PICTURE THIS: “Who Wants Coffee?”

Wilshire Coffee Pot restaurant, 8601 Wilshire Blvd., Beverly Hills, ca. 1930.

 

“Novelty,” “mimetic,” “programmatic,” “vernacular”—all are terms used to define the same crazy kind of “art imitates life” architecture that once dotted the L.A. cityscape (and much of the rest of the country, for that matter) starting in the 1920’s. You knew it when you saw it (and that was the point, of course). Puppies, chickens, hot dogs, coffee cups, milk bottles, pumpkins, oranges, donuts, dinosaurs, Indian teepees—the list is endless and so much fun.

Barkies Sandwich Shop #4 (home of the “Ponderous Pup”), 3649 Beverly Blvd., ca. 1930.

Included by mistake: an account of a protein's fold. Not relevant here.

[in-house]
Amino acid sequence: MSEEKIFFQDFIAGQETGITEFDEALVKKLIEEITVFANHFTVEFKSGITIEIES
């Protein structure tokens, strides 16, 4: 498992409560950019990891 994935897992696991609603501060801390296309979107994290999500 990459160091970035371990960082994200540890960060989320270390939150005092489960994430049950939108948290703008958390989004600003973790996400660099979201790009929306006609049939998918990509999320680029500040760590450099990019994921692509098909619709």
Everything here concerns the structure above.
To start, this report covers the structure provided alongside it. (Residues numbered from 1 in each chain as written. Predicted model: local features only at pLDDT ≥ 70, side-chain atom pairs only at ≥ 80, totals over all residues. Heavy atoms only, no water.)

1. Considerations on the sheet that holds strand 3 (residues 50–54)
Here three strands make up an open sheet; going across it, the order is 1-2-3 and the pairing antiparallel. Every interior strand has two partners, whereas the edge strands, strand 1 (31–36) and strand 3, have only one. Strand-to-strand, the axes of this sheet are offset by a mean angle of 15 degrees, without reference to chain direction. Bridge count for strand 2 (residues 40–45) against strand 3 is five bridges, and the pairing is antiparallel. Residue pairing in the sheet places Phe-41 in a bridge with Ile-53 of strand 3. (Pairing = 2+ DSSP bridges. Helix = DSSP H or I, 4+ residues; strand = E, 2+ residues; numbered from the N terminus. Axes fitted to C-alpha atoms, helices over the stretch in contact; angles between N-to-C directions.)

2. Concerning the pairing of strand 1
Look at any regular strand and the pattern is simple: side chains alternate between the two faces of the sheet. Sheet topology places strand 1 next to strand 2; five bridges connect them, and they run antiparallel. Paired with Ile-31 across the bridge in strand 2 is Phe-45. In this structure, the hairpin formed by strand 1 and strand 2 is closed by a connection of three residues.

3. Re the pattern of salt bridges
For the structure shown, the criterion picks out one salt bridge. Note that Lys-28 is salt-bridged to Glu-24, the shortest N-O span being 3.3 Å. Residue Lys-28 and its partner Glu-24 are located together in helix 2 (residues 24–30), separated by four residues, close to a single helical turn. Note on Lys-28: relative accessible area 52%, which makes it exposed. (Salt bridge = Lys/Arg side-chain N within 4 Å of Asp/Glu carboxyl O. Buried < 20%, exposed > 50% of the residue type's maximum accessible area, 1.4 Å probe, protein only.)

Quirky and often crudely-designed, these buildings were meant to suggest the products or services they sold. Essentially, they were giant roadside advertisements that attracted the eyes (and dollars) of customers driving by. Novelty buildings were the result of America’s burgeoning love affair with affordable automobiles and the lure of the open road. Postcards often memorialized these roadside oddities.

Coffee Cup Cafe, 8901 Pico Boulevard, L.A., 1920.

I love photos that capture these historical and quirky bits of “roadsidiana.” Today I am posting a few favorites and will feature more in future L1OTB “PICTURE THIS” postings. Got any favorites of your own? Feel free to share. In the meantime, enjoy!

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